What is the meaning of freedom? Angela Davis has devoted her life to the exploration of this question and to combating all forms of oppression that deny people their freedom based on race, gender, class or sexual orientation.
Born in 1944 in apartheid Birmingham, Ala., Davis experienced racial discrimination growing up and was involved in political activism at a young age. However, it wasn’t until 1969 that she rose to national attention when she was removed from her teaching position at UCLA due to her membership in the Communist Party. In 1970, Davis was placed on the FBI’s Ten Most Wanted List on false charges, one of only eight women to ever appear on this list. The resulting police search drove her underground, and, when she was captured, President Nixon congratulated the FBI on its “capture of the dangerous terrorist, Angela Davis.” Davis was eventually acquitted in 1972, after 16 months in prison following an international “Free Angela” campaign.
In 1969, Ronald Reagan vowed that Davis would never again teach in the UC system. Today, Davis is a professor in the history of consciousness department and former director of the feminist studies department at UC Santa Cruz. She is also the author of several books, including a new collection of previously unpublished speeches entitled “The Meaning of Freedom,” her first full-length book since 2003.
Davis offers a penetrating analysis of how attempts to arrive at the social landscape she envisions are consistently foiled by institutional and cultural injustice. Davis discusses the intersections of oppression in our society, revitalizing discourse about race, gender, class and sexuality and proving there are still new and interesting ways to talk about these issues. Davis collapses the social partitions that separate us and brilliantly links these seemingly unrelated issues into a broader understanding of freedom.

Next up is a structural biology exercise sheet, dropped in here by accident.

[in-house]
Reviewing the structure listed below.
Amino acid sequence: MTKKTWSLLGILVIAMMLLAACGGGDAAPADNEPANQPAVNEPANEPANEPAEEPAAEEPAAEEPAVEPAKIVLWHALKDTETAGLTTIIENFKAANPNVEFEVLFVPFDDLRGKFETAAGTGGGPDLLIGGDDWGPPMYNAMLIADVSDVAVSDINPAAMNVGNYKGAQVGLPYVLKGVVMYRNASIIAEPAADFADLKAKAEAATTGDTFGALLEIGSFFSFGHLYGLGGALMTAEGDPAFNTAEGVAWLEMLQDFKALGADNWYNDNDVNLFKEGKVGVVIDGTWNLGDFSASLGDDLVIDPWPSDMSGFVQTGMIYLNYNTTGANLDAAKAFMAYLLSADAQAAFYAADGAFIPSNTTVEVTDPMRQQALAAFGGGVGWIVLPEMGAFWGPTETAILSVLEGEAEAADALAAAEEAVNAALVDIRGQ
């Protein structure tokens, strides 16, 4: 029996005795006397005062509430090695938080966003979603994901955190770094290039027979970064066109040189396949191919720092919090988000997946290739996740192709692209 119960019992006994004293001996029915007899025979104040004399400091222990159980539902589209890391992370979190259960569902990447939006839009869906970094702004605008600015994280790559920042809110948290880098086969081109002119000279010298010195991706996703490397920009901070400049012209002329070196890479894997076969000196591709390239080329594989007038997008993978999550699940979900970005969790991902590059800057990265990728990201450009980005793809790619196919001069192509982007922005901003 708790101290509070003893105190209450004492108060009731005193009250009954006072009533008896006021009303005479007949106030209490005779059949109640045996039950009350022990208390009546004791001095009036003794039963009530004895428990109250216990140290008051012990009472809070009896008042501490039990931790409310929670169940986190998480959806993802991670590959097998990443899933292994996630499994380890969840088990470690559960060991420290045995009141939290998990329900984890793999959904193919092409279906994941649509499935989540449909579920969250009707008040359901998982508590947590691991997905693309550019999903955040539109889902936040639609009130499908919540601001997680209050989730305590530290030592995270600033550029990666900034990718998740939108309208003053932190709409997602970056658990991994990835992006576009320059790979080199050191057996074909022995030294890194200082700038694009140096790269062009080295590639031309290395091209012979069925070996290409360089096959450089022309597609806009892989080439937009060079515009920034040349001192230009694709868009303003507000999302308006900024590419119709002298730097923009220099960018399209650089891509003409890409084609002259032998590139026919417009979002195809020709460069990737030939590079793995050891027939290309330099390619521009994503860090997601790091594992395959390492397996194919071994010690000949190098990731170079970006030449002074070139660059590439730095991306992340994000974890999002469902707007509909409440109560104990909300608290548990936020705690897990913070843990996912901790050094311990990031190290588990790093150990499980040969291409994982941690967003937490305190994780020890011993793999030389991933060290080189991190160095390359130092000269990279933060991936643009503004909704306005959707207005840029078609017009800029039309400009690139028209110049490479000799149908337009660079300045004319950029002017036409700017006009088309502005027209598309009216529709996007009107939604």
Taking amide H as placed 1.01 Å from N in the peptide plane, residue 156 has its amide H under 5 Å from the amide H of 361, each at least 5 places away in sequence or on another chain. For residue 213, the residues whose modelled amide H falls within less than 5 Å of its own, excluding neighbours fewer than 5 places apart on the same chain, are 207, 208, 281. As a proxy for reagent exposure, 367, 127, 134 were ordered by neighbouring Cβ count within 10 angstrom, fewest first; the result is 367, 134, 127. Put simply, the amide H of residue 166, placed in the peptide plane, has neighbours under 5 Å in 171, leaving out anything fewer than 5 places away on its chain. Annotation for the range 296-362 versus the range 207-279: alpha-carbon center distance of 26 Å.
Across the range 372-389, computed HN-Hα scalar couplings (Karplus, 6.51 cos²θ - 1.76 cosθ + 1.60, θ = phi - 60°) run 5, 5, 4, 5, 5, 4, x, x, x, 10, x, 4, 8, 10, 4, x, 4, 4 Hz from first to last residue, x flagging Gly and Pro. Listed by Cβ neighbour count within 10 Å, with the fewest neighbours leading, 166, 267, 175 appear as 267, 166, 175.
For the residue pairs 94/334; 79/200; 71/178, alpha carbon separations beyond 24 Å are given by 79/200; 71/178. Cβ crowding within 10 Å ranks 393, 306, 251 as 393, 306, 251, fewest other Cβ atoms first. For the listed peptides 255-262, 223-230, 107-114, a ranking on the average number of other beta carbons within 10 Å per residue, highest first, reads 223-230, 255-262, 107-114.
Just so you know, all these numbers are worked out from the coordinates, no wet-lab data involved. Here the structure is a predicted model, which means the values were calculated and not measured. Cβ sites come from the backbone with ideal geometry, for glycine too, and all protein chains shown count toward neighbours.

Davis’s fearless spirit and unwavering commitment to justice were strikingly evident when she appeared at Oakland’s Marcus Books, the oldest black bookstore in the U.S., last Friday to discuss her latest book. She began by asking the audience why last year’s activism surrounding the death of Trayvon Martin died down following the arrest of policeman George Zimmerman. Davis described how the public’s loss of interest suggests that the only thing people were demanding was the prosecution of an individual. She argued that this kind of solution results in the individualization of incidents of racism, so that we tend to think it is just the individual who needs to be cured. This interpretation cuts off discussion of social issues, failing to address the centuries-old problem of racist violence.
Davis has famously proposed prison abolitionism, condemning the prison system for lumping crimes together so that social issues are not given proper consideration. According to Davis, the structural racism and sexism apparent in the institution of the prison demonstrates that we continue to live with the ghost of slavery. Davis’ powerful speech described how we tend to think about justice in terms of the law, but the law is only capable of apprehending individuals. Therefore, any “equality” that the law can provide is necessarily a false equality — in her words, “a sameness rather than equality — the law cannot distinguish the 1 percent from the 99 percent.”
Davis challenges her audience to think about how racism and sexism permeate our everyday lives. She encourages them to question the aspects of discourse that we take most for granted, as it is this “taken-for-grantedness” that leaves us trapped in a system of injustice. By engaging in these difficult dialogues as a community, we can expand our understanding of freedom and bring about social change.
Contact Meadhbh McGrath at [email protected]al.org.